The Ugandan army on Tuesday denied it was "running away" from rebel attacks in the north of the country.
Army spokesman Major Shaban Bantariza told IRIN the army was still in charge in northern Uganda, where the rebel Lord's Resistance Army (LRA) has in recent weeks stepped up attacks on villages and camps for internally displaced people (IDPs).
"If we were running away from the camps, thousands of displaced people would have been kidnapped already and there would be no camps," he said. "The rebels would have burnt them all."
Uganda's independent 'Monitor' newspaper reported on Tuesday that IDPs housed in protected camps in the Gulu area had accused the Uganda People's Defence Forces (UPDF) of "fleeing" whenever the LRA attacked the camps, leaving them without protection.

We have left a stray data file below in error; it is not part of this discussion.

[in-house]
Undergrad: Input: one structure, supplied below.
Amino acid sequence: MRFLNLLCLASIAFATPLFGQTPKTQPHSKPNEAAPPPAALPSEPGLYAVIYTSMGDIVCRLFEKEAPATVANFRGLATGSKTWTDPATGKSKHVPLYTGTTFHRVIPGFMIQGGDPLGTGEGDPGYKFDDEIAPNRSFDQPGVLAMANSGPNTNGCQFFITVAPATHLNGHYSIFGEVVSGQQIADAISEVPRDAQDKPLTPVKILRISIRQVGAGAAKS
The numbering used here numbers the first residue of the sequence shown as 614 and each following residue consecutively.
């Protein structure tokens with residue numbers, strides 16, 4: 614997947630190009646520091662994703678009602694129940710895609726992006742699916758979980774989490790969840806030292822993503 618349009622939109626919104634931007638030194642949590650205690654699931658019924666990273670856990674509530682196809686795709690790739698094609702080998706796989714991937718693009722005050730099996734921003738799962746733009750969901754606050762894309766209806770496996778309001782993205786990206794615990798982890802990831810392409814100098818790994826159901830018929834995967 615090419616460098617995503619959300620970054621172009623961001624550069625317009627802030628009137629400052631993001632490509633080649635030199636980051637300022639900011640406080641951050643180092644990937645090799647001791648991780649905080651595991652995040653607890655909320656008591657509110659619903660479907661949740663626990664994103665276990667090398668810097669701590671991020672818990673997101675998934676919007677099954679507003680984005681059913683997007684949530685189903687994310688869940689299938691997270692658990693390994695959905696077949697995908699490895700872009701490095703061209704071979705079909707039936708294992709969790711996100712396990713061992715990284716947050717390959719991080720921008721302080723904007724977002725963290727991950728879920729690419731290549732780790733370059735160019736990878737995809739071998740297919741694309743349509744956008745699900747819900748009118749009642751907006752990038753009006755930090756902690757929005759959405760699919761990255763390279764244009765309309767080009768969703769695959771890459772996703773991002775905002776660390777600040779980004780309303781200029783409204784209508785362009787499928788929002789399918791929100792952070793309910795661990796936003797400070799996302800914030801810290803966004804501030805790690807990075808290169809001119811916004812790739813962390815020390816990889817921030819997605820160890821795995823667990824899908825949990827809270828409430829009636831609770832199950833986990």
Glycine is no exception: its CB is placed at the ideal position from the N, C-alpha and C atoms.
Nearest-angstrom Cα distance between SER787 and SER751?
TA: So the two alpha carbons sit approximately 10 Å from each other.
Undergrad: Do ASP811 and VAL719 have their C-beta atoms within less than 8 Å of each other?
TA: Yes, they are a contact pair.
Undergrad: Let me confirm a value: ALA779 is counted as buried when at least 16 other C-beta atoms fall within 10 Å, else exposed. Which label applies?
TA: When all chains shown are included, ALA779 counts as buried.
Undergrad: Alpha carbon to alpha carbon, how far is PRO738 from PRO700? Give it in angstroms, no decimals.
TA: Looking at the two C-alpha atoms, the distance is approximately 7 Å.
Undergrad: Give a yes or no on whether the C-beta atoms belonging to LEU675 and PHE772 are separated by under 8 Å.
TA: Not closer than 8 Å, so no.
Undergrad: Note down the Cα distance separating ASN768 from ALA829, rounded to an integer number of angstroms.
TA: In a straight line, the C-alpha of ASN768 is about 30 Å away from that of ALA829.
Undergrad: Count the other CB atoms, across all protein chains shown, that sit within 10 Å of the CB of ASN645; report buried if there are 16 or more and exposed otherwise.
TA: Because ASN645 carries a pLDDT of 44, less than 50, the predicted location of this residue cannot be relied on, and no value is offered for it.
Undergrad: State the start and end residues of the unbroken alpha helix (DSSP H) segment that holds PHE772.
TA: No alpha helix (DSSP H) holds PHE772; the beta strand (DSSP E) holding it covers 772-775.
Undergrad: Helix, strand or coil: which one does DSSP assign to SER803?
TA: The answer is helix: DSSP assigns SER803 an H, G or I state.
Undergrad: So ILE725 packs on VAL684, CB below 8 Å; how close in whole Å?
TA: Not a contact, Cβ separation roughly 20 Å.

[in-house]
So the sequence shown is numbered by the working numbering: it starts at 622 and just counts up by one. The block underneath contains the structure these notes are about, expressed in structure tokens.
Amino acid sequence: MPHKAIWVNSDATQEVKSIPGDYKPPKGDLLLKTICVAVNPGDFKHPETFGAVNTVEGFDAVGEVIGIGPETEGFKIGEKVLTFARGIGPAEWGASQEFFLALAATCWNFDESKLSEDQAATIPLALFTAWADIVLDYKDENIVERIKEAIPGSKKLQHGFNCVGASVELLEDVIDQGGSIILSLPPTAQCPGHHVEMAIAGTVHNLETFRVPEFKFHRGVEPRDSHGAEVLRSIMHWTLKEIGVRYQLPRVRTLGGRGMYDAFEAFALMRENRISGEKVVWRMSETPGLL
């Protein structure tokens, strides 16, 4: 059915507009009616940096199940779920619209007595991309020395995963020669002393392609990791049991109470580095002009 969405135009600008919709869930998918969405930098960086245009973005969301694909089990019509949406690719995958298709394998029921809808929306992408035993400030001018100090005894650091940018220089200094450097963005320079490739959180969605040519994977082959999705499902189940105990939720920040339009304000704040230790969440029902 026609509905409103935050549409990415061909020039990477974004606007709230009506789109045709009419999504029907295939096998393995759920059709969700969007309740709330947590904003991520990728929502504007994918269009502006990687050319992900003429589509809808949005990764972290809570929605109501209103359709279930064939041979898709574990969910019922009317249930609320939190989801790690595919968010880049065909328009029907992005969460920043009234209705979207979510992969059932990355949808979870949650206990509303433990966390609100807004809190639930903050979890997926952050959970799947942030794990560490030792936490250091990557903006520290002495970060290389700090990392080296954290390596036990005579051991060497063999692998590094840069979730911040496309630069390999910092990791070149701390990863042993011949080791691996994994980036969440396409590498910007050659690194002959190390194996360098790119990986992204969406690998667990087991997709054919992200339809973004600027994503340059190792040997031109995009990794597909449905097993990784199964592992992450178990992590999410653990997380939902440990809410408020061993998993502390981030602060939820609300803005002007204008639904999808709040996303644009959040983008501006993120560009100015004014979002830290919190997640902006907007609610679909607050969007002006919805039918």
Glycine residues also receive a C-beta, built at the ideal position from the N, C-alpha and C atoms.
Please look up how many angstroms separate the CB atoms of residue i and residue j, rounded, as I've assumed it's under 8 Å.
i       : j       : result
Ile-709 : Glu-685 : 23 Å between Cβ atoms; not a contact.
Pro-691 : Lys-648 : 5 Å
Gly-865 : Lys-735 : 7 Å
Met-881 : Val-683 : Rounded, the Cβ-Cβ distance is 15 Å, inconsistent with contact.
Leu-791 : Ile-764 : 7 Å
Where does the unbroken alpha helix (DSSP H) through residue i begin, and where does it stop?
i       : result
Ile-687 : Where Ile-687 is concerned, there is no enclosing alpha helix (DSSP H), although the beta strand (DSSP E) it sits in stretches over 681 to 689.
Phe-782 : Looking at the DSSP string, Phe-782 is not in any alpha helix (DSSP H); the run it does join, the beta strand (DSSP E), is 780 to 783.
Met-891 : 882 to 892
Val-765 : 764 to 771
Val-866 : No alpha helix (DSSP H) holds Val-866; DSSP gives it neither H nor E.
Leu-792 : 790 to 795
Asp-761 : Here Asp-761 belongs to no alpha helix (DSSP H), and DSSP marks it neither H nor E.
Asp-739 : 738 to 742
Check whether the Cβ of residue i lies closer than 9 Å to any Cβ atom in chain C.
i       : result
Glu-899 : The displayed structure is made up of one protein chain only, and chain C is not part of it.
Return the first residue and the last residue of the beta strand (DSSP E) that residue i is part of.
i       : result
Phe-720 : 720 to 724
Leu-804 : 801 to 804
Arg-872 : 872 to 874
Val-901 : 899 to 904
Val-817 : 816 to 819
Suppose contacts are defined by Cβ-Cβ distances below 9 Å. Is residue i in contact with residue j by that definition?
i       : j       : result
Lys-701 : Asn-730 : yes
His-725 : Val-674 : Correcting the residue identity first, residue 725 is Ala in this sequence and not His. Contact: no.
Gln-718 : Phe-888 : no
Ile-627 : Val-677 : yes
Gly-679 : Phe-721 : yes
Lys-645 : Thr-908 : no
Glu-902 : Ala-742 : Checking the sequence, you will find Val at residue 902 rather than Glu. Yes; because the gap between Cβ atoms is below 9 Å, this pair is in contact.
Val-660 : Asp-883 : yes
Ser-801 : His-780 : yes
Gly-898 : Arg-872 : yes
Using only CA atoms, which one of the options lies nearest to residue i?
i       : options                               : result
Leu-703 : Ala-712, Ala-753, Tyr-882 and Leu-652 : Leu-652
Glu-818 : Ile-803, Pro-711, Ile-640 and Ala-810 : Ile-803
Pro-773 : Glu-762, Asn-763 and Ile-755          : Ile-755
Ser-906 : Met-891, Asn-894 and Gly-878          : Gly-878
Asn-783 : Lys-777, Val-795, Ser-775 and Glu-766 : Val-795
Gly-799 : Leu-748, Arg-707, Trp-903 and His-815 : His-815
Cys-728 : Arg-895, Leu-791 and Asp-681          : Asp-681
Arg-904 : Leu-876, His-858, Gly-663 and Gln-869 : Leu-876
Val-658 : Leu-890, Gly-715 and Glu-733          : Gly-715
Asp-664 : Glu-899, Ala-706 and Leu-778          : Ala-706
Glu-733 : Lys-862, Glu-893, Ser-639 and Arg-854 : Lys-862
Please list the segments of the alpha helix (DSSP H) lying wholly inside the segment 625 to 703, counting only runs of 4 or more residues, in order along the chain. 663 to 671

Bantariza said the villagers' complaints resulted from their "prolonged psychological trauma" due to the northern conflict. But, he added, they were also being "incited" by local politicians and church leaders, who are opposed to the military campaign against LRA.
The latest attacks began when a group of 400 LRA fighters slipped into Uganda late last month from Sudan.
Humanitarian sources based in the Gulu said the attacks - characterised by the burning of huts in IDP camps and abductions - have produced a new wave of internal displacement, putting a strain on ongoing relief and development work in the region.